- Memory: - paging file % usage peak - should be as lower as possible, < 70% based on KB 889654
- Memory: - Available MBytes - should not be less than 200
- Memory: - Page fault /s
- Memory: - pages/sec - indicator of the amount of paging that Windows is performing
- Memory: - Page Reads/sec (should <=5)
If Memory: Pages/sec is greater than zero or Memory: Page Reads/sec is greater than five, Windows is using disk to resolve memory references (hard page fault). This costs disk I/O + CPU resources.
a. If you have less memory, the disk I/O will increase, they are related, you should consider both sides if you suspect your system has performance issue.
4. Disk I/O bottleneck
We should concentrate on disk queuing instead of on the actual I/O for each disk as actual disk I/O speed cannot be adjusted.
- PhysicalDisk - avg. Disk Queue Length (if exceeds twice the number of spindles, then you are likely developing a bottleneck, you have to know how many disk behind the system, if it's SAN system, it might be difficult to get that information, even SAN administrator might not know exactly)
Note: Disk queuing might be caused by short of memory, check pages/sec value also.
- Physical disk - avg. disk seconds/read - indicates the average time, in seconds, of a read of data from the disk. (4-8ms is ideal, if > 15ms might indicate disk bottlenecks
refer to http://technet.microsoft.com/en-US/library/cc917690 for IO bottleneck part
According to http://download.microsoft.com/download/F/1/0/F10BC023-9396-4D67-BAC9-7C43AE954BF4/SQLServer2000_SQL_Performance_Tuning_using_Waits_and_Queues.pdf
- Physical disk - avg. disk seconds/write (< 8ms (non cached) and <=1ms for highend SAN) The throughput for high volume OLTP applications is dependent on fast sequential transaction log writes.
Excellent < 08 Msec ( .008 seconds )
Good < 12 Msec ( .012 seconds )
Fair < 20 Msec ( .020 seconds )
Poor > 20 Msec ( .020 seconds )
Cached Writes Only
Excellent < 01 Msec ( .001 seconds )
Good < 02 Msec ( .002 seconds )
Fair < 04 Msec ( .004 seconds )
Poor > 04 Msec ( .004 seconds
- Physical disk: % disk time - should be < 50% - percentage of elapsed time that the selected disk drive was busy servicing read or write requests.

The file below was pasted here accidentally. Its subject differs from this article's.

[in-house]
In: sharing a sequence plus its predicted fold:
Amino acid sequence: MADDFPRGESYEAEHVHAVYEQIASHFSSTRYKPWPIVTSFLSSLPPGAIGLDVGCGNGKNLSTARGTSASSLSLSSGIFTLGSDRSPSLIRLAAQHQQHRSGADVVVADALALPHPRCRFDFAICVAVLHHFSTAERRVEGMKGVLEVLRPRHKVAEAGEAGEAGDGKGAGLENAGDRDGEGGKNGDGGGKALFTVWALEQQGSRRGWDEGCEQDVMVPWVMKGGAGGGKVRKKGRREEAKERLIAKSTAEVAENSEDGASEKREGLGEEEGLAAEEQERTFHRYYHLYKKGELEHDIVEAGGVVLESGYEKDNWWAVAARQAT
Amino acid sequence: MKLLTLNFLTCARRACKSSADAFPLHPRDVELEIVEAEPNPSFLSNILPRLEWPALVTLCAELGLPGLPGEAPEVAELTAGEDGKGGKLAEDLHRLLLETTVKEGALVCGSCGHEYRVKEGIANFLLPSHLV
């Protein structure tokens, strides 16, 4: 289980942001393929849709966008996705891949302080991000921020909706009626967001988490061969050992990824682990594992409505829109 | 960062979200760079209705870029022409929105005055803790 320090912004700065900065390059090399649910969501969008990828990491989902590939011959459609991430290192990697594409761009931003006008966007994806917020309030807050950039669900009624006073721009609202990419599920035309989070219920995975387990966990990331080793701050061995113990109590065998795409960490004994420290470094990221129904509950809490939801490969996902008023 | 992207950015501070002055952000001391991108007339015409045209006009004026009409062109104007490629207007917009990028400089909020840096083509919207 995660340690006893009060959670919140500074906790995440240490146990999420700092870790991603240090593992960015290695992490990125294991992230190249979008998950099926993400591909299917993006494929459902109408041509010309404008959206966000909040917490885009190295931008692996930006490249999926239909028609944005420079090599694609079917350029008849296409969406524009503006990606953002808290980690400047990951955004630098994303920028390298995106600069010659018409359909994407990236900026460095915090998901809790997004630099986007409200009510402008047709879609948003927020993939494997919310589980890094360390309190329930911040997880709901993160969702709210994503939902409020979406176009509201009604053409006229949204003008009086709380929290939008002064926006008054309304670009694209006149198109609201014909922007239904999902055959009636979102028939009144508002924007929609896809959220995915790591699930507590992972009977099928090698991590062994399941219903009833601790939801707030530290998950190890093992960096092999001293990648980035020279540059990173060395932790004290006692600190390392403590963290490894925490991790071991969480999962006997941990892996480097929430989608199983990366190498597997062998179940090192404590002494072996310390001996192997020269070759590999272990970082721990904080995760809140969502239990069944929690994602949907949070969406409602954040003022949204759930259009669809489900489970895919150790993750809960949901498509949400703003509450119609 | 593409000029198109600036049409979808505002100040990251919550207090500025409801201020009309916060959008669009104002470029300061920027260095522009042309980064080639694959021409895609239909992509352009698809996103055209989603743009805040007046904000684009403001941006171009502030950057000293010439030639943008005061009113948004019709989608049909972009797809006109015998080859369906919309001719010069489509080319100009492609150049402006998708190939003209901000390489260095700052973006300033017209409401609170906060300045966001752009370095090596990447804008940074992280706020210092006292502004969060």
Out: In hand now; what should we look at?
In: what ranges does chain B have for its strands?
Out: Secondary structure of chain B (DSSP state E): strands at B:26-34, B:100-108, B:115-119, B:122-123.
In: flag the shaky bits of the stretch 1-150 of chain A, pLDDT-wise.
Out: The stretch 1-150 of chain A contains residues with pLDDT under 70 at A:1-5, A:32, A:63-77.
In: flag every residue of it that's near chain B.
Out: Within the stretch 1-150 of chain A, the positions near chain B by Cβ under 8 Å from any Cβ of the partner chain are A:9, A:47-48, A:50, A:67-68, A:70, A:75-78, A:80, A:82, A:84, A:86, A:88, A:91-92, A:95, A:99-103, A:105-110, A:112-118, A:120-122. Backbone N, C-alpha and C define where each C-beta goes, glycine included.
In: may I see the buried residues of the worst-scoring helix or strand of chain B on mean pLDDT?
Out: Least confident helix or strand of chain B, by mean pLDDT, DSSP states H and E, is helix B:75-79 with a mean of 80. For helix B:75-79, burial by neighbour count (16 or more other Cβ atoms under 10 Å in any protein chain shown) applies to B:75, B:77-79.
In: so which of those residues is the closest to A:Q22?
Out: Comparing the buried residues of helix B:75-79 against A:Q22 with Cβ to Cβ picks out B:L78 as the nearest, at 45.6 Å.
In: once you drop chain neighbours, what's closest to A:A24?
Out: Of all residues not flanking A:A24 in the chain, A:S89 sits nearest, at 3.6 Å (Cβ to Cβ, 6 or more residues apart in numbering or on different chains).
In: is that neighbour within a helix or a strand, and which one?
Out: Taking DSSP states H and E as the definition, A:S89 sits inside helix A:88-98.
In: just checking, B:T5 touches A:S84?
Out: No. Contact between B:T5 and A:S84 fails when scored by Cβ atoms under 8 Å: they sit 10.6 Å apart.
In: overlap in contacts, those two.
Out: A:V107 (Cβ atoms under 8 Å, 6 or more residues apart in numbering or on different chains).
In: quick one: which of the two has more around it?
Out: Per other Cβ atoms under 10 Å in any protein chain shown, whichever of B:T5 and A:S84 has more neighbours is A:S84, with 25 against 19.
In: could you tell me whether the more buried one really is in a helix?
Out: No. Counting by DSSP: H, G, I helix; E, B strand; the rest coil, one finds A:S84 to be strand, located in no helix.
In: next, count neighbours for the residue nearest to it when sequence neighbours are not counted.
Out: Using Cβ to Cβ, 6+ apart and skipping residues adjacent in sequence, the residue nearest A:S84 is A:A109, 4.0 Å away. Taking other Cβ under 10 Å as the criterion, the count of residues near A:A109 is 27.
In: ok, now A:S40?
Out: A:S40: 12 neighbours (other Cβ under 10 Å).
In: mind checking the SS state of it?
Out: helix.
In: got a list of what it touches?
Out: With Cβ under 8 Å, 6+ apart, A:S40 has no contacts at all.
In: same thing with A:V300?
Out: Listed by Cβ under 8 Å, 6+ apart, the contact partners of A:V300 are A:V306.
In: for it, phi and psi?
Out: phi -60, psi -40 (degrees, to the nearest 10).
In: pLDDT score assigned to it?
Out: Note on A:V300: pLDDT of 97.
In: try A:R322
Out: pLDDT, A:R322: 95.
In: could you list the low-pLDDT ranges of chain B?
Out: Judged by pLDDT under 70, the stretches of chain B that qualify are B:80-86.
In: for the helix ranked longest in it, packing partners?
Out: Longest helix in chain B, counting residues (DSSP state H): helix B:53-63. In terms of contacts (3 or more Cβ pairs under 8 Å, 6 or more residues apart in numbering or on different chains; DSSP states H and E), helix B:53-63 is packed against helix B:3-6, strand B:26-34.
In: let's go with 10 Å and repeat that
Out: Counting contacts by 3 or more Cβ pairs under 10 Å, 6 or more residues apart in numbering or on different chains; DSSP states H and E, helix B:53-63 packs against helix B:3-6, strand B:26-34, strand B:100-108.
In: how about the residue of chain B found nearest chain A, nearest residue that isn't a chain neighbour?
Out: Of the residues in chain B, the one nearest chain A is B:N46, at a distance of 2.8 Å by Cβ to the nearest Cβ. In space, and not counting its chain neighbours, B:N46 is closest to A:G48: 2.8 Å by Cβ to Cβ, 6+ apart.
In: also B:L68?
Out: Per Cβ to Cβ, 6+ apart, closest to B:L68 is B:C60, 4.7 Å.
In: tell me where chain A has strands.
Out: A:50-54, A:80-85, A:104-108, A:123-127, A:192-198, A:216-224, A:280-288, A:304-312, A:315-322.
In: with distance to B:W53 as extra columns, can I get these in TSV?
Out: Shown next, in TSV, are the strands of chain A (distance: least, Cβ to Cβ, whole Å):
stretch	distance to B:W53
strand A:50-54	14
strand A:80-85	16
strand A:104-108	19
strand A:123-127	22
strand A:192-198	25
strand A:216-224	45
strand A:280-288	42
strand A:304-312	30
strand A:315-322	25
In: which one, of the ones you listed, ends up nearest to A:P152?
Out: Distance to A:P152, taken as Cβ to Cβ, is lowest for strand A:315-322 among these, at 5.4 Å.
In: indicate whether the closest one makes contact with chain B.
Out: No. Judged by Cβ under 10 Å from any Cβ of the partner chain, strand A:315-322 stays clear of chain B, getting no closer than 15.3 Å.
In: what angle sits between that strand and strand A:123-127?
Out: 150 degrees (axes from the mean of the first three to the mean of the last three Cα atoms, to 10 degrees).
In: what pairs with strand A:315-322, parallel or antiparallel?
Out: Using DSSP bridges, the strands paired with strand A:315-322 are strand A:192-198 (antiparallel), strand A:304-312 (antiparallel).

- Physical disk - avg. disk reads/s and Physical disk - avg. disk write/s
Note: this 2 values indicate how busy is your database server, just for measuring purpose to know how busy your system is , compare to 3 month or a year ago
Should maintain above 2 values < 85% disk capacity
Disk Writes/sec 70
Avg. Disk Queue Length 5
Then to maintain a raid configuration below, you need:
Raid 0 - need 75 IO per disk
Raid 1 - need 110 IO per disk
Raid 5 - need 180 IO per disk
Raid 10 - need 110 IO per disk
The method of watching out for disk queuing associated with SQL Server log files is different from SQL Server database files. For log file, we use
SQL Server: database: log flush wait time
SQL server: database: log flush waits/sec
c. raid level - use raid 10 if possible
Each SQL Server write to the mirrorset results in two disk I/O operations
When dynamiclly adding new disk into raid array, The RAID controller will move some existing SQL Server data to these new drives so data is evenly distributed across all drives in the RAID array
d. sequential I/O
sequentional I/O is faster than non-sequential one, most of hard disk perform 2 times better for sequential than non-sequential I/O operations
Note: Logs generally are not a major concern because transaction log data is always written sequentially to the log file in sizes ranging up to 32 KB.
5. SQL Server
See SQL Server, Buffer Manager Object - http://msdn.microsoft.com/en-us/library/ms189628.aspx for various objects explanation
- SQL Server: Buffer Manager: Buffer Cache Hit Ratio, should be at least 90%
Note: a major part of any database server environment is the management of memory buffer cache. less than 90% may indicate memory pressure or missing index.
See SQL Profiler: Stored Procedure: CacheHit, CacheMiss, and CacheInsert to see what stored procedure query plans are already in cache (Hit), vs. those not in cache (Miss,Insert)
- SQL server: cache manager: Cache Hit Ratio - Percentage of time the procedure
plan pages are already in cache e.g. procedure
cache hits. I.e. how often a compiled procedure is found in the procedure cache
(thus avoiding the need to recompile).
- SQL server: Buffer Manager: Page Life expectancy -